February 16, 2010 – I landed in Zanzibar at midday, the sweat dripping off my back and other orifices.
With no time to chill out or go for a quick dip in the Indian Ocean, the Studio 53 team and I headed straight to Old Fort, Stone Town, where the seventh Sauti Za Busara – sounds of wisdom – music festival was taking place.
A quick change of clothes and an even quicker dab of make-up (yes, ladies, I am rather adept at using a powder puff), we began shooting our first interview, which was with Fresh Jumbe, a Japan-based Tanzanian artist whose forte is traditional Swahili music.
Over the course of the four-day festival, which started with a street parade reminiscent of Rio’s carnival, complete with fabulous, flamboyant costumes, we interviewed a raft of musicians from all over the continent, including Thandiswa (S.A), Malick Pathe Sow (Senegal), Sekou Kouyate of Ba Cissoko (Guinea) and many more.
Every evening, a crowd of music lovers flocked the Old Fort to feast on delicious seafood, drink cocktails and of course, be entertained by sounds from the continent.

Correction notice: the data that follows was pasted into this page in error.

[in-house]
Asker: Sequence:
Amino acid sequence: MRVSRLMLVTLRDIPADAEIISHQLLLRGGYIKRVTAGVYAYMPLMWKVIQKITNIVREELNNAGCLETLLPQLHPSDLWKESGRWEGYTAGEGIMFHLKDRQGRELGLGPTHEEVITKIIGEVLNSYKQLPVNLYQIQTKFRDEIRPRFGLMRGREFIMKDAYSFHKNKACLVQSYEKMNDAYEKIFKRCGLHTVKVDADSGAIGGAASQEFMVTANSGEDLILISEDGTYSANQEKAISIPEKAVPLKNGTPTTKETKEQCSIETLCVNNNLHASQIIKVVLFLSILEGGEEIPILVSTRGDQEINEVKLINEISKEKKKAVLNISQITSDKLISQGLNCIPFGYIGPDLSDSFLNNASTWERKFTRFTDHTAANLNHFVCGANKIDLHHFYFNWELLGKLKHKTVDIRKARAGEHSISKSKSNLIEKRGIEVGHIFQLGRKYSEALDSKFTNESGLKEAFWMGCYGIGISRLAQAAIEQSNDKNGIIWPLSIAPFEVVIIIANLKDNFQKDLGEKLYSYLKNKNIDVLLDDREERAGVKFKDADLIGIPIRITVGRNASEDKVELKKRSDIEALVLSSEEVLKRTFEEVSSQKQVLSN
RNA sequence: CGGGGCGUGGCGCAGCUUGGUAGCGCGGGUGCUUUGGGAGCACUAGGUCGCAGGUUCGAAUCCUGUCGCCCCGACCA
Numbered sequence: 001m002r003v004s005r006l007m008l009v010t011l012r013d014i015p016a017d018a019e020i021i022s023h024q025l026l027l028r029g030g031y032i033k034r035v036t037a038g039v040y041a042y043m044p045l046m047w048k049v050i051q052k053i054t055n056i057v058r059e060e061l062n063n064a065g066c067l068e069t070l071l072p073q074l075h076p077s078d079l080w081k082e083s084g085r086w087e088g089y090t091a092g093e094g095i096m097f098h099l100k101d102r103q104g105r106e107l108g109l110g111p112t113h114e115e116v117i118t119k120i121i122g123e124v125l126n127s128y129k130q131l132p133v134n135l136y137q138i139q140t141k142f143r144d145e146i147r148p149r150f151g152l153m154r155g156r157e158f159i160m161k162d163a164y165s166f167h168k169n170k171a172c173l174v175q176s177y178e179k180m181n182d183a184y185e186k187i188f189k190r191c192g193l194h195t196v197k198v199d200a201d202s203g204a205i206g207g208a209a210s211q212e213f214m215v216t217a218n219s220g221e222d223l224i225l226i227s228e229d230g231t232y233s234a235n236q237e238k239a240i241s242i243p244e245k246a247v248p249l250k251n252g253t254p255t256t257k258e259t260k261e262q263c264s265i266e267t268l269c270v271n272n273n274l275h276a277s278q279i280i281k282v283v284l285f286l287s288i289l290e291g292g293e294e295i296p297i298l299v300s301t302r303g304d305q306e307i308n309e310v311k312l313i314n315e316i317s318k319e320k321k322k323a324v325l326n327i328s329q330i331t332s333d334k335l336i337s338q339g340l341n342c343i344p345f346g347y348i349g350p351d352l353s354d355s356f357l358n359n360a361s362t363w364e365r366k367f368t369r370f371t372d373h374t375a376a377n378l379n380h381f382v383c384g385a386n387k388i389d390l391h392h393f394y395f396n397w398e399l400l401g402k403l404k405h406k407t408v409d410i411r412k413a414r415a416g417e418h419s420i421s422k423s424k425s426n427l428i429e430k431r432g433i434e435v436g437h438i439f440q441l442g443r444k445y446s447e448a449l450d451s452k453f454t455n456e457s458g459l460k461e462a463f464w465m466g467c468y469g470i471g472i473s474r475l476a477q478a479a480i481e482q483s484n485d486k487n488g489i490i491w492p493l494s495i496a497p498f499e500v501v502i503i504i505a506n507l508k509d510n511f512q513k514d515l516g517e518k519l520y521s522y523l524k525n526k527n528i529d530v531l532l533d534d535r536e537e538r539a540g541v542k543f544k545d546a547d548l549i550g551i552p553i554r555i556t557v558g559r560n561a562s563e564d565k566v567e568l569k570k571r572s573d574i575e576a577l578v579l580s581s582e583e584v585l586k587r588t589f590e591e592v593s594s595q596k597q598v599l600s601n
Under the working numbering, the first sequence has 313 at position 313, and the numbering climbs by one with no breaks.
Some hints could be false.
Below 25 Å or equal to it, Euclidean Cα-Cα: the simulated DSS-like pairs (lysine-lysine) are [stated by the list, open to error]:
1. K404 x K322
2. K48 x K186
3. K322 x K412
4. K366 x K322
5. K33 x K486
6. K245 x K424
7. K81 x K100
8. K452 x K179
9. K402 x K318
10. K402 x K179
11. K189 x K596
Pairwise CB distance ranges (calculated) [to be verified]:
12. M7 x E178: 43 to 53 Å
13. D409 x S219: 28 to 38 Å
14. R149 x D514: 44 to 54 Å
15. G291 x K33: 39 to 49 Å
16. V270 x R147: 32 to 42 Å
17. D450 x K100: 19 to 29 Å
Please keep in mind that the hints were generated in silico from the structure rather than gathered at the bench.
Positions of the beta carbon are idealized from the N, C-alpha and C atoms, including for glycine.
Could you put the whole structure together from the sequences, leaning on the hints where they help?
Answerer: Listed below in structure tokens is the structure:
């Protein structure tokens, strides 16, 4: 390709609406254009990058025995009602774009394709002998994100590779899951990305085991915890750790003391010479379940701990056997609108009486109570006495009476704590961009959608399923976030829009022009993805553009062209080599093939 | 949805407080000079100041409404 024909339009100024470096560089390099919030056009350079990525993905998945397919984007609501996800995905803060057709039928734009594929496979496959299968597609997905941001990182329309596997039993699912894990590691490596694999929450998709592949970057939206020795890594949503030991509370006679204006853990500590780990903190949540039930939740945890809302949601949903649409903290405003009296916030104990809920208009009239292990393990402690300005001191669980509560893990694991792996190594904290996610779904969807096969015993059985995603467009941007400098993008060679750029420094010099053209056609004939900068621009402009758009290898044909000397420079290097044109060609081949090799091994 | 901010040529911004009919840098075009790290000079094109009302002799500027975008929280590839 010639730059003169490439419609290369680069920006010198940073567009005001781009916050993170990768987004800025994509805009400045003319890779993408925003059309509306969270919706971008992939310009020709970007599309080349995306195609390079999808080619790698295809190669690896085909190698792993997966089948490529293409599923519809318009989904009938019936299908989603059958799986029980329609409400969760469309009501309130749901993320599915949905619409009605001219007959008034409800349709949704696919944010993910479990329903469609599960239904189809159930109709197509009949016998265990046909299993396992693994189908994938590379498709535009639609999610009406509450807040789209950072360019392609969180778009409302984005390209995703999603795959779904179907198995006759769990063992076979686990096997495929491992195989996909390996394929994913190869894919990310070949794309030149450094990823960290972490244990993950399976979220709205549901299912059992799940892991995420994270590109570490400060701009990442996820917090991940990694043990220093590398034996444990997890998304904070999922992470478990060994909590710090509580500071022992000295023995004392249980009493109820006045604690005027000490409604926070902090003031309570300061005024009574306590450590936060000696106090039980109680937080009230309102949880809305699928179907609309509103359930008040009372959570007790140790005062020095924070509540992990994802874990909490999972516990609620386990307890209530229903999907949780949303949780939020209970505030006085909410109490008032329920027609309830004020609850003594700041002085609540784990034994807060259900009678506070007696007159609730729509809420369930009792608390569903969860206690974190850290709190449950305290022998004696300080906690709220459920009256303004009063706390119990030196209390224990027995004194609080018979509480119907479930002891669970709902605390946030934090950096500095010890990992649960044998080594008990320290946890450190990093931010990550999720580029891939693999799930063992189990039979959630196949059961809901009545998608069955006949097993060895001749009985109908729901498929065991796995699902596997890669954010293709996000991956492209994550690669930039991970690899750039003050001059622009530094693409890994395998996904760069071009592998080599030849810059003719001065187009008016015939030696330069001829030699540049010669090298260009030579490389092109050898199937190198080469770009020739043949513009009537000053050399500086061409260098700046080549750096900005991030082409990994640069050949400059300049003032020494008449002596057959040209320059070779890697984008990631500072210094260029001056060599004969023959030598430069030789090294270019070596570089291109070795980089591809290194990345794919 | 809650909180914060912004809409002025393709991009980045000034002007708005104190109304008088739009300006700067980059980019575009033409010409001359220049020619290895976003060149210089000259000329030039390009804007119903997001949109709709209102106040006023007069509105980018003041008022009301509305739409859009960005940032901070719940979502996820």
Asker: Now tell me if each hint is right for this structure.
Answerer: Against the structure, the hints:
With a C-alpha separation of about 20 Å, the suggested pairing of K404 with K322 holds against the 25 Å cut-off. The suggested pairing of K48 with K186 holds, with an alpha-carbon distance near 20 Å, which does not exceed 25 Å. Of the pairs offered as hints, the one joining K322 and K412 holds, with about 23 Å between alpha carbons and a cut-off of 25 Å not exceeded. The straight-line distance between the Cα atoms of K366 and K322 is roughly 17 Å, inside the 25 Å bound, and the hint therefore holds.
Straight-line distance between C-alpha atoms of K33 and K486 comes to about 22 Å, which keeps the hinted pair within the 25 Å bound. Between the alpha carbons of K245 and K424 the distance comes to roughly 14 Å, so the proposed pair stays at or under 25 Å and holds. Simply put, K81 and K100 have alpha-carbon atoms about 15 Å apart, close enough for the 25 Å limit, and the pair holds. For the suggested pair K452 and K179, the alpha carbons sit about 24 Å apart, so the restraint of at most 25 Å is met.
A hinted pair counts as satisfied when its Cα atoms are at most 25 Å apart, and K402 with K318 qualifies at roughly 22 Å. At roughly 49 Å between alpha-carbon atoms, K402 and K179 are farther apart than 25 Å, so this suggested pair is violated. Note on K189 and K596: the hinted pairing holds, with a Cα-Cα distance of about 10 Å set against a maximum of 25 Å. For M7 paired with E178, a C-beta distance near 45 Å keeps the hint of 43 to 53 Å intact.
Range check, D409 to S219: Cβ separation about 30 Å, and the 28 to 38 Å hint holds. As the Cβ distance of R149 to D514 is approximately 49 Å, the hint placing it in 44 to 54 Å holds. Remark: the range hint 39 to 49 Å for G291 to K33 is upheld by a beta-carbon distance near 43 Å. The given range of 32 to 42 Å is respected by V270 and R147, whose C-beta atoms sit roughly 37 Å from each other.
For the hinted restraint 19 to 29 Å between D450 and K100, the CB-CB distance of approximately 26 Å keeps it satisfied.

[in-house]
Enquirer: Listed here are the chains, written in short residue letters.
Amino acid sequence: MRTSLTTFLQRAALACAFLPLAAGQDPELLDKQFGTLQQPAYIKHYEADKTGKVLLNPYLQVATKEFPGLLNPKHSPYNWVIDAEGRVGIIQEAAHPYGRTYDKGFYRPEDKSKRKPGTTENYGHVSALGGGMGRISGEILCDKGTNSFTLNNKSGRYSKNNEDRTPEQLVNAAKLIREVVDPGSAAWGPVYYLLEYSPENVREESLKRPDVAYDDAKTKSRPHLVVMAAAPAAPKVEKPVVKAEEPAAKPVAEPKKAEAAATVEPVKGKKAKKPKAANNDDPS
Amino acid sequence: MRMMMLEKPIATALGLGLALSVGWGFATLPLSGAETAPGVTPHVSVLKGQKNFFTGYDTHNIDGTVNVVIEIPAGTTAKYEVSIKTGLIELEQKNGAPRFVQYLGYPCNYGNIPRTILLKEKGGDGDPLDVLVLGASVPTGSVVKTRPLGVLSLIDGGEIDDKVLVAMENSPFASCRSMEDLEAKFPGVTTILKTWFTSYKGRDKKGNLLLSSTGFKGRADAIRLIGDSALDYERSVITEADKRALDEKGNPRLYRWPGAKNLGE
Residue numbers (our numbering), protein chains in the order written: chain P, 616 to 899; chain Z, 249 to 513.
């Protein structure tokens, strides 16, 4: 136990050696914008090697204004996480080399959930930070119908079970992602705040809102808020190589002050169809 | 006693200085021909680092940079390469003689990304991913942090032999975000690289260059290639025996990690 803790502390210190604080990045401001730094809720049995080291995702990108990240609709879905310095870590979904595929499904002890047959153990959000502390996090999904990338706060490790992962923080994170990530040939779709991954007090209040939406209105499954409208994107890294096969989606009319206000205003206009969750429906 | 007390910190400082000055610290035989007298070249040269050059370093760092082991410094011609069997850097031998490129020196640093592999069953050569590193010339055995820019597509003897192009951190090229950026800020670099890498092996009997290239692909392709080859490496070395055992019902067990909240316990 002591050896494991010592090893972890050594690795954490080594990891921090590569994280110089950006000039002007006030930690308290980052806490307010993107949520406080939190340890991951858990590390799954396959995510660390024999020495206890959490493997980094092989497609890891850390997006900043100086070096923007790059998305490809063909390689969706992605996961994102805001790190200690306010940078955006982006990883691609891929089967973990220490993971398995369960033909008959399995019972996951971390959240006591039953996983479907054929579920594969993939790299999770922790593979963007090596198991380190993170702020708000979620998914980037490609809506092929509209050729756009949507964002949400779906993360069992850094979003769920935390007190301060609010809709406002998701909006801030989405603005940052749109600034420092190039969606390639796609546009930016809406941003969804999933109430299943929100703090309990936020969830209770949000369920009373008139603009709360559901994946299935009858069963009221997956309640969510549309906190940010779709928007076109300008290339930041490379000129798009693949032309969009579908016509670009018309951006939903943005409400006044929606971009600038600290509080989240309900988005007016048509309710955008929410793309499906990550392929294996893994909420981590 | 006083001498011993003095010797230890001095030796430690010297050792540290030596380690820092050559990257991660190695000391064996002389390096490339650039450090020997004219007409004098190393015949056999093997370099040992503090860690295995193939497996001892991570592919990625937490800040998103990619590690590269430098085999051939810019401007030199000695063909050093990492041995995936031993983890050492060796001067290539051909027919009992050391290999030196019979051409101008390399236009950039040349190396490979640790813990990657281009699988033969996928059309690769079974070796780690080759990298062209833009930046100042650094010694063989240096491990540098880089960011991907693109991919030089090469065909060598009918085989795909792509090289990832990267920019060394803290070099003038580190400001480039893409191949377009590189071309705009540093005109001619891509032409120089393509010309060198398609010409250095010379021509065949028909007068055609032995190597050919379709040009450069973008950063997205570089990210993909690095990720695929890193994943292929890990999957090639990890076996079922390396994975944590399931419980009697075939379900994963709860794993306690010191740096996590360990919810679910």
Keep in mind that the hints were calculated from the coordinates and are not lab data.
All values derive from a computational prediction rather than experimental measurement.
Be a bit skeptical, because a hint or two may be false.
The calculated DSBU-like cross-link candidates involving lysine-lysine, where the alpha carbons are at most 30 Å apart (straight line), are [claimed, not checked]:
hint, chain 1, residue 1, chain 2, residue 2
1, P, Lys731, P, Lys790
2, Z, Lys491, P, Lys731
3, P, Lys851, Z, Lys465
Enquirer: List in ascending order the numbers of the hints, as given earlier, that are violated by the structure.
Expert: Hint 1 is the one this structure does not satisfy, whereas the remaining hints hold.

Our second brief was a travel piece, which started off with a quick tour of Stone Town; we were lucky enough to be guided around the town’s historical narrow cobbled streets by Amina Karume, daughter of Zanzibar’s President Amani Abeid Karume (but do I say?).
Putting my motorcycle skills to test, I borrowed a two-wheeler from a local gentleman and cruised around the town, letting the cool breeze blow through my, er, head? As the sun set, I joined a group of would-be premier league stars for a quick football game on the beach. Clearly outclassed by the local talent, I cut my losses and headed to the nearest watering hole, where my skills would be more appreciated.
The following morning, bright-eyed and bushy tailed (ok and somewhat hungover), we drove an hour out of Stone Town to Kizimkazi for an experience of the underwater kind.
I was more than eager to meet the stars of our next shoot, Zanzibar’s dolphins – dipping in and out of the ocean with ease; these gorgeous streamlined creatures manoeuvre the waves with stunning elegance. Watching a baby dolphin swim underneath its mother, and getting to swim alongside these amazing animals is an experience that everyone should have at least once in their lives. Time stood still as I played with the dolphins; with each hour blending into the next till it was sunset.
After a final night of partying with the musicians and revellers from the festival – first at the Old Fort and then at local hangout, Livingstone’s – it was time to head back to Nairobi. Zanzibar, as always, had made me sweat; not just from the heat, but from the vibrant energy of its beauty, its spirit and its people.